Moments after Senate Republicans unanimously voted to block the advancement of the Paycheck Fairness Act — a bill that would have held employers accountable for wage discrimination against women — the bill's lead sponsor, Sen. Barbara Mikulski, unleashed a barrage of scathing criticism against her good-for-nothing colleagues.

"We can't even get to a majority vote on how to make sure women get equal pay for equal work!" she said in a speech on the Senate floor. "No wonder people are fed up with us. They wonder about us why, when all is said and done, why more gets said than gets done."

She went on to tear apart the sexist idea that women are "too emotional" to think logically:

"I'll tell you what I'm tired of hearing? That somehow or other we're too emotional when we talk. You know, when we raise an issue, we're too emotional. Well, I am emotional... It brings tears to my eyes to know how women every, single day are working so hard and are getting paid less. It makes me emotional to hear that. Then, when I hear all of these phony reasons — some are mean and some are meaningless — I do get emotional. I get angry, I get outraged, I get volcanic."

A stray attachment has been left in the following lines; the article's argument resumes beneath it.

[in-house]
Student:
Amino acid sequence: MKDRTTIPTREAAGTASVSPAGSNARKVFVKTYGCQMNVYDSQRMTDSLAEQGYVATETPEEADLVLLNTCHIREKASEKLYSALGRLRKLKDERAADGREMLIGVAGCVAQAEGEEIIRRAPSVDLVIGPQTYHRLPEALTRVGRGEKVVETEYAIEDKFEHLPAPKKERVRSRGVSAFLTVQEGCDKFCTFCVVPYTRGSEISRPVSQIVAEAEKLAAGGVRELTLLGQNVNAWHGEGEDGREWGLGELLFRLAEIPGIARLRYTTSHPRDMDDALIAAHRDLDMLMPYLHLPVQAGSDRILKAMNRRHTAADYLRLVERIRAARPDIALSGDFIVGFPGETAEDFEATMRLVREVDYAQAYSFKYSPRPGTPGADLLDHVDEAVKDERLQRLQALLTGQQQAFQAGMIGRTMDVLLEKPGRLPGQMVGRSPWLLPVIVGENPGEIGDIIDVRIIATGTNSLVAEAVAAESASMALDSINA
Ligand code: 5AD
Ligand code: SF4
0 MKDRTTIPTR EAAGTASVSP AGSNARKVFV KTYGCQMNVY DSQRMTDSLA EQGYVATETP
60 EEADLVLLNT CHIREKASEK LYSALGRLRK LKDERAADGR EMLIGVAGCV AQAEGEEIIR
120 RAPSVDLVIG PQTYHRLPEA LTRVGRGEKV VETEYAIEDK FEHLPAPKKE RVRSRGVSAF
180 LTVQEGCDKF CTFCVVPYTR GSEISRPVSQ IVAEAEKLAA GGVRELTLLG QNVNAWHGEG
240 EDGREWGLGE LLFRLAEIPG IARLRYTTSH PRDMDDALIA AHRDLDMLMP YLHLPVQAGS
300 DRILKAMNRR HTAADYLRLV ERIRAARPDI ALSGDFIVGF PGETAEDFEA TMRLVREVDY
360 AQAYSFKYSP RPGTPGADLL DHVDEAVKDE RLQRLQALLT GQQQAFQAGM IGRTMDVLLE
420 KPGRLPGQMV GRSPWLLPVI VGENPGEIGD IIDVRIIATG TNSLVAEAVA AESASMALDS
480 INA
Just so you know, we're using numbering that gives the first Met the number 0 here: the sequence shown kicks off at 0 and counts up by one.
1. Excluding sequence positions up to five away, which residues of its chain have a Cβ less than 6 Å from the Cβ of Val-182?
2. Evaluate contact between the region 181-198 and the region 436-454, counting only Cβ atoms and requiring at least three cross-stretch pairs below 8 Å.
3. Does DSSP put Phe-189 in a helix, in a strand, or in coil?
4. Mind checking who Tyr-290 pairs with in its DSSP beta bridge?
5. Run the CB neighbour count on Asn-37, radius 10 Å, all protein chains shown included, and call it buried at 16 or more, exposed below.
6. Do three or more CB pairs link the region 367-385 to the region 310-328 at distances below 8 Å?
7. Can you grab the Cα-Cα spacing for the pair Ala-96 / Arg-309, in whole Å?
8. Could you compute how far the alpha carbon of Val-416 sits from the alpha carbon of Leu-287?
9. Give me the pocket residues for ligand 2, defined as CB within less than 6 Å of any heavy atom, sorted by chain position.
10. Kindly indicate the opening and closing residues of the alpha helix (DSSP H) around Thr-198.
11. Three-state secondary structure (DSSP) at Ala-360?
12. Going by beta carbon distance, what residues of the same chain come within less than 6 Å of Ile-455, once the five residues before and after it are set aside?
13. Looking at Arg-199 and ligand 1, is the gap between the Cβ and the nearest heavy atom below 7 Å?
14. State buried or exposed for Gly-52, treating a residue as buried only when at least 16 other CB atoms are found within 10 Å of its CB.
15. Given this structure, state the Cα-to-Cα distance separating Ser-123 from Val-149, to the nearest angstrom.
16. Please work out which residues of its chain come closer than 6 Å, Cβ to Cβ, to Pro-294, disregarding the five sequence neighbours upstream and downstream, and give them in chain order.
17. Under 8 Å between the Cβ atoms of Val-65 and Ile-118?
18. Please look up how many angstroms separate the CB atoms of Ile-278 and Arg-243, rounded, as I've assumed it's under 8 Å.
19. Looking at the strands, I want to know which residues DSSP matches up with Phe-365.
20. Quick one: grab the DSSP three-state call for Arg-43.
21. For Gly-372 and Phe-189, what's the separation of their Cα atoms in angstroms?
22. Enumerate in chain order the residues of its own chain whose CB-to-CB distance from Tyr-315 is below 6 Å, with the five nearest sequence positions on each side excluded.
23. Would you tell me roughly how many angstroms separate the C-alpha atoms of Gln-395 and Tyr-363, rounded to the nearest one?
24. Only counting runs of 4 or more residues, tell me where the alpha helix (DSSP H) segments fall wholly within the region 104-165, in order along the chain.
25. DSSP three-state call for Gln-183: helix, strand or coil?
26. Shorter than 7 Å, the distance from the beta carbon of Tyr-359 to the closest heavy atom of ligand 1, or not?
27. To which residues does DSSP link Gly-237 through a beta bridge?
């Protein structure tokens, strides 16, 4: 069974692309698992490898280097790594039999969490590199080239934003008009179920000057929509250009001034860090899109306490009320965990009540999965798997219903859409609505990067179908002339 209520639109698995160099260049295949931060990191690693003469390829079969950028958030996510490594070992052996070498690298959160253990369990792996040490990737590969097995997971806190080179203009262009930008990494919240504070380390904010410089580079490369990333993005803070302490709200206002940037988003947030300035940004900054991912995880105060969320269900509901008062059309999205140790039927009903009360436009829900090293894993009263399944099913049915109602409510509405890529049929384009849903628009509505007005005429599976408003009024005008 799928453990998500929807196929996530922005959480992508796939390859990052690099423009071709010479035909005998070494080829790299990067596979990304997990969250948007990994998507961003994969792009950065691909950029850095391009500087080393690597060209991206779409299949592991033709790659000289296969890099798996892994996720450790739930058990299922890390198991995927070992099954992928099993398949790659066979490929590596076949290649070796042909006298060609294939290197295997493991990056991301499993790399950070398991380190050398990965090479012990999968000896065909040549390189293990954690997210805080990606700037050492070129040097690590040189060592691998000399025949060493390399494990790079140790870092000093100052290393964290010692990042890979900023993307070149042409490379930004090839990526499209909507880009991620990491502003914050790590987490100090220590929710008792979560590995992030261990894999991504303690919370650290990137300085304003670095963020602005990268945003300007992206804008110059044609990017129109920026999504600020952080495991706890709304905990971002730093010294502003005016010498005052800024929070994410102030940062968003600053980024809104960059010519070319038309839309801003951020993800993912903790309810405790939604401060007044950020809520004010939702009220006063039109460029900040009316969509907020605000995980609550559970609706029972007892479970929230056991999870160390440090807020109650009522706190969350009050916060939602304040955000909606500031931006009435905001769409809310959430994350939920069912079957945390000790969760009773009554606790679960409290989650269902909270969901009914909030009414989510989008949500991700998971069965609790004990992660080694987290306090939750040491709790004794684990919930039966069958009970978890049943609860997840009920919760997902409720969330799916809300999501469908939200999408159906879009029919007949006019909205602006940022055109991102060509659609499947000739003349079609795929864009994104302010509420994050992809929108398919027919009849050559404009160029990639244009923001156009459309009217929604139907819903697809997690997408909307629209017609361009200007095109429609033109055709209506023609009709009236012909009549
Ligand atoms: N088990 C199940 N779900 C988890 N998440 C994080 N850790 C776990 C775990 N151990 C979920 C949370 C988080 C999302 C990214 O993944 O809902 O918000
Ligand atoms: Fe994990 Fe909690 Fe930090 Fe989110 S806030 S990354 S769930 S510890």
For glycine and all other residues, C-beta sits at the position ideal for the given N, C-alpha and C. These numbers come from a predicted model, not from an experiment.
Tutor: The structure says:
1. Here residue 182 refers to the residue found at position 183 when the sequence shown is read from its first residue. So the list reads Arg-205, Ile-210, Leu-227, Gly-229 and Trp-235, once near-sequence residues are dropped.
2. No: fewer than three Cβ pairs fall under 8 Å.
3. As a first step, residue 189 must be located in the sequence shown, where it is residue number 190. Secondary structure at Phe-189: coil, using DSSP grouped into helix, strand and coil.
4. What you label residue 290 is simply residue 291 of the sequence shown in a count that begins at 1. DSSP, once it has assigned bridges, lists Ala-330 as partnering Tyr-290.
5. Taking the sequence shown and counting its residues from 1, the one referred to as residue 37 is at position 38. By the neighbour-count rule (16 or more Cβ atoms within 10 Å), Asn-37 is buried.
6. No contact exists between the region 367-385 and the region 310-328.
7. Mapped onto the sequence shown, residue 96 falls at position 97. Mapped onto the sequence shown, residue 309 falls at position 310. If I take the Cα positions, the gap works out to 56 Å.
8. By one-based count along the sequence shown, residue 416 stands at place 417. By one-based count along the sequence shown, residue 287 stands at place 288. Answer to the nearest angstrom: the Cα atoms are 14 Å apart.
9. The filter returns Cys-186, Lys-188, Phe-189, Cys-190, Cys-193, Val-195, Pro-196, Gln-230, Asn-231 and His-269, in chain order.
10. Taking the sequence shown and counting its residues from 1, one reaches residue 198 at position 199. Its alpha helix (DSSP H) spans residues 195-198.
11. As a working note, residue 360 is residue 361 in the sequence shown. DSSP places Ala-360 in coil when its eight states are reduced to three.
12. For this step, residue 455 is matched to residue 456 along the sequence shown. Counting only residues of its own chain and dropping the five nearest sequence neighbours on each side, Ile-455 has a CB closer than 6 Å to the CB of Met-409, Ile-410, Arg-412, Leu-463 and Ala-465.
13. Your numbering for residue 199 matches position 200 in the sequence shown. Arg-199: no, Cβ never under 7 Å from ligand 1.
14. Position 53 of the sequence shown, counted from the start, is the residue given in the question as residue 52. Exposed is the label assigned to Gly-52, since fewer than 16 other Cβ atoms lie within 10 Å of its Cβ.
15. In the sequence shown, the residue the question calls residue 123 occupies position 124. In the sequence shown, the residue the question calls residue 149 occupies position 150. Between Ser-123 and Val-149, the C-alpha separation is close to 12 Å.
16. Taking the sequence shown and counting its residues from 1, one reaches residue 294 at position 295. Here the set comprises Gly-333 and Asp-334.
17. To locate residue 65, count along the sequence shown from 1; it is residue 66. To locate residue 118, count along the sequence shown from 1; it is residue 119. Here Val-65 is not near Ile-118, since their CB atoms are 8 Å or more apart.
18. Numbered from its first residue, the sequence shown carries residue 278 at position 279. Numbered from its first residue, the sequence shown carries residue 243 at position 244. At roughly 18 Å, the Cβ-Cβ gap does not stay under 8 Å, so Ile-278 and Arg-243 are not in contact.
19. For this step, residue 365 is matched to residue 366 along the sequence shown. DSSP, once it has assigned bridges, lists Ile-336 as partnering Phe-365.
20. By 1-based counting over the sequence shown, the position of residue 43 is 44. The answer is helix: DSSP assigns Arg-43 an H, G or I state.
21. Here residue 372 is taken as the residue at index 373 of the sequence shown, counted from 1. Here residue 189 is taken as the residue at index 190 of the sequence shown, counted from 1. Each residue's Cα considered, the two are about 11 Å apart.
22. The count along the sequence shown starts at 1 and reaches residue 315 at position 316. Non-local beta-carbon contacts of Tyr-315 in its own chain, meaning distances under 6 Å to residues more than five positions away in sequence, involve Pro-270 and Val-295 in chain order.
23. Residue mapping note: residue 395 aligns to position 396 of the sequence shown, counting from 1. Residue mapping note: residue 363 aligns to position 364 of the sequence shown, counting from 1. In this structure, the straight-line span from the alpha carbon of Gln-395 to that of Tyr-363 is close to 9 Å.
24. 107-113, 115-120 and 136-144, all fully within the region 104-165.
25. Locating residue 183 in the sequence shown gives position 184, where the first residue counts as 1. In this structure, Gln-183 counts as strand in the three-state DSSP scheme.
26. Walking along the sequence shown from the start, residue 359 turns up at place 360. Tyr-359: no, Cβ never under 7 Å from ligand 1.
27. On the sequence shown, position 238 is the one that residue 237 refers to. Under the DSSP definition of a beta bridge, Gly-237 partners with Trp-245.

There's nothing irrational about feeling outrage over the fact that women — particularly women of color — are systemically underpaid for equal work. That's an outrageous reality. Anger is an appropriate response. What are we supposed to feel? Placid disappointment? ("Aw, shoot, our government has denied us ladies fair wages yet again for literally no good reason. Well, rats! Too bad!")

As Sabrina Siddiqui at the Huffington Post points out, this speech also functions as a rather non-subtle dig at former CIA Director Michael Hayden, who recently suggested that Sen. Dianne Feinstein was "too emotional" (because vagina) to produce a fair report on the CIA's use of torture; this prompted Senate Majority Leader Harry Reid to wonder whether the Republican party respects women at all.

Voicing displeasure about the fact that things are absolute shit doesn't mean that women are hysterical womb-things unfit to govern. It just means that they're responding to — and attempting to fix — a grim reality, and they're not going to shut up just because some men want them to. You tell them, Barbara. You tell them all.